Click cover to pre-order

 

What Am I Reading?

There is a section on the left-hand side that tells you exactly what this post entails, however a post about it will get to all the people that don’t check out my blog everyday. So, getting back the subject matter, “What Am I Reading?”

Currently I’m reading a lot of books. I believe it’s like seven or eight…probably more… but I figured maybe you’d like to check some of them out.

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Song of Blood & Stone by L. Penelope

Blood of My Blood by Barry Lyga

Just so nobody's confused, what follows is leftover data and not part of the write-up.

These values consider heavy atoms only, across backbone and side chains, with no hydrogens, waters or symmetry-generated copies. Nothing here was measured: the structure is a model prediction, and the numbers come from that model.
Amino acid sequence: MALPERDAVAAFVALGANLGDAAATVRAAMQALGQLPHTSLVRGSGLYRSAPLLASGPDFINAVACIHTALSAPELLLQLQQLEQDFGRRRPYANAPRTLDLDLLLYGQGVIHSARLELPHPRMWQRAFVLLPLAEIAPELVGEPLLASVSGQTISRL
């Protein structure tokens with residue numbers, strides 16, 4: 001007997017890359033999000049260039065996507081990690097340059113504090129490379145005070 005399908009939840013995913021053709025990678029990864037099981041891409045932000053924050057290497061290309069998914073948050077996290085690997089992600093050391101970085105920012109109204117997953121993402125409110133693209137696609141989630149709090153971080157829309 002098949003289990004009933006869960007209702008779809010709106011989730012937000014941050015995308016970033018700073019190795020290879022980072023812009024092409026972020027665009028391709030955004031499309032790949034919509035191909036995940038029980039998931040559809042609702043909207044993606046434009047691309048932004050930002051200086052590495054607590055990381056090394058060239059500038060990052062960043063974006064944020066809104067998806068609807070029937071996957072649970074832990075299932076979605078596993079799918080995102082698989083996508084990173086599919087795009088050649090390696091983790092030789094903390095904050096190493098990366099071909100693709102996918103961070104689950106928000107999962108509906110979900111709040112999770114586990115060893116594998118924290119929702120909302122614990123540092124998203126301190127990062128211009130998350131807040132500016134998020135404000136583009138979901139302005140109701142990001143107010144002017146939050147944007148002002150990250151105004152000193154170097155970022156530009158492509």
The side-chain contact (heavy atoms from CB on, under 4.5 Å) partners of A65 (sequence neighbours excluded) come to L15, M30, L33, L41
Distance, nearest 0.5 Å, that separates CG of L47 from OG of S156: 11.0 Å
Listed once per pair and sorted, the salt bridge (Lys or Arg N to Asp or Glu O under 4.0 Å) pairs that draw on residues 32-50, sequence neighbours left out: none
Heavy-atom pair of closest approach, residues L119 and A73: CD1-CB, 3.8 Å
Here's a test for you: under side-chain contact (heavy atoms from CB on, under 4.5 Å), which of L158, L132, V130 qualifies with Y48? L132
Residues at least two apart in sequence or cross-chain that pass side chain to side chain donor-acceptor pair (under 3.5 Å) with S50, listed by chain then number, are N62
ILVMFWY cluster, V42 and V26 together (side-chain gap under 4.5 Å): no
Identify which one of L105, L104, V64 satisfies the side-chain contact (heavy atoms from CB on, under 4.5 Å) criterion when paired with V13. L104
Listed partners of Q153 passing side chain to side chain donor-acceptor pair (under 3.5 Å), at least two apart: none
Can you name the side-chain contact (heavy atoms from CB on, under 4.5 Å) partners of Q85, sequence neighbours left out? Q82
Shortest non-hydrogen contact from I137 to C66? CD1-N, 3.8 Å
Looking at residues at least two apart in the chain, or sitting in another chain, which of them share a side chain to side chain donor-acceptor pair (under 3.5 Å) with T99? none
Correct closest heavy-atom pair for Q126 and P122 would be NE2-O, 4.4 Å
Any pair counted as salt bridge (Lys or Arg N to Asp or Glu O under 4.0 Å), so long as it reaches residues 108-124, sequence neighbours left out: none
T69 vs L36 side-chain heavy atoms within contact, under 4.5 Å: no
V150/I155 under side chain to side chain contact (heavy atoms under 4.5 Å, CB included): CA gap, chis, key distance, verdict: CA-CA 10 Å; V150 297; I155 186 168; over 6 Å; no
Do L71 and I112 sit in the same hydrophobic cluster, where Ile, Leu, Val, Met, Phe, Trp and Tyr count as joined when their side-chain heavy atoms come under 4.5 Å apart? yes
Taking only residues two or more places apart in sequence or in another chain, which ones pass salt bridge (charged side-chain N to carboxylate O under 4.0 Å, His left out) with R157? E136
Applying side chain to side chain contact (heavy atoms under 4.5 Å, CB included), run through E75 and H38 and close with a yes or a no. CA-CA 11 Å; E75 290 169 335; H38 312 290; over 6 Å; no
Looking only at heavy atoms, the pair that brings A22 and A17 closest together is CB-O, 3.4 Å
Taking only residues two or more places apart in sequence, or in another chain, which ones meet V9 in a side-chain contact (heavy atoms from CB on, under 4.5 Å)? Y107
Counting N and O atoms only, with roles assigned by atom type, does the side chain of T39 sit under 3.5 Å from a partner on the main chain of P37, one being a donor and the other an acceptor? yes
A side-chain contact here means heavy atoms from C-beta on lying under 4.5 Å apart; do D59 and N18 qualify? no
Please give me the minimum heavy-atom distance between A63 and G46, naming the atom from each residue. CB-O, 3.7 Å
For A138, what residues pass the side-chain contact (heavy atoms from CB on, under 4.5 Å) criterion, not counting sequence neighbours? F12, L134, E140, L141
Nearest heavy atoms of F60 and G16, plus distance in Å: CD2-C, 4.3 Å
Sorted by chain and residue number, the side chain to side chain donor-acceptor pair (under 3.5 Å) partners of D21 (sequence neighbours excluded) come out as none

The Air He Breathes by Brittany C. Cherry

Beautiful Chaos by Kami Garcia

Insurgent by Veronica Roth

Requiem of the Living by A. J. Locke

Addicted in Cold Blood by Tiana Laveen

A Lady’s Revenge by Tracey Devlyn

Paper Towns by John Green

And I’ve recently finished these titles:

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So, expect those reviews, and perhaps updates in Random. 

The Dark Side of Grace by M.L. Cooper

★ ★ ★ ★ ★/★ ★ ★ ★ ★

Dark Side of Grace is an original tale about the fragile veil that separates the world of the living from the world of the dead—and a rupture in the veil sends one woman, and her lover on a quest to uncover the truth about her family’s haunted slave past.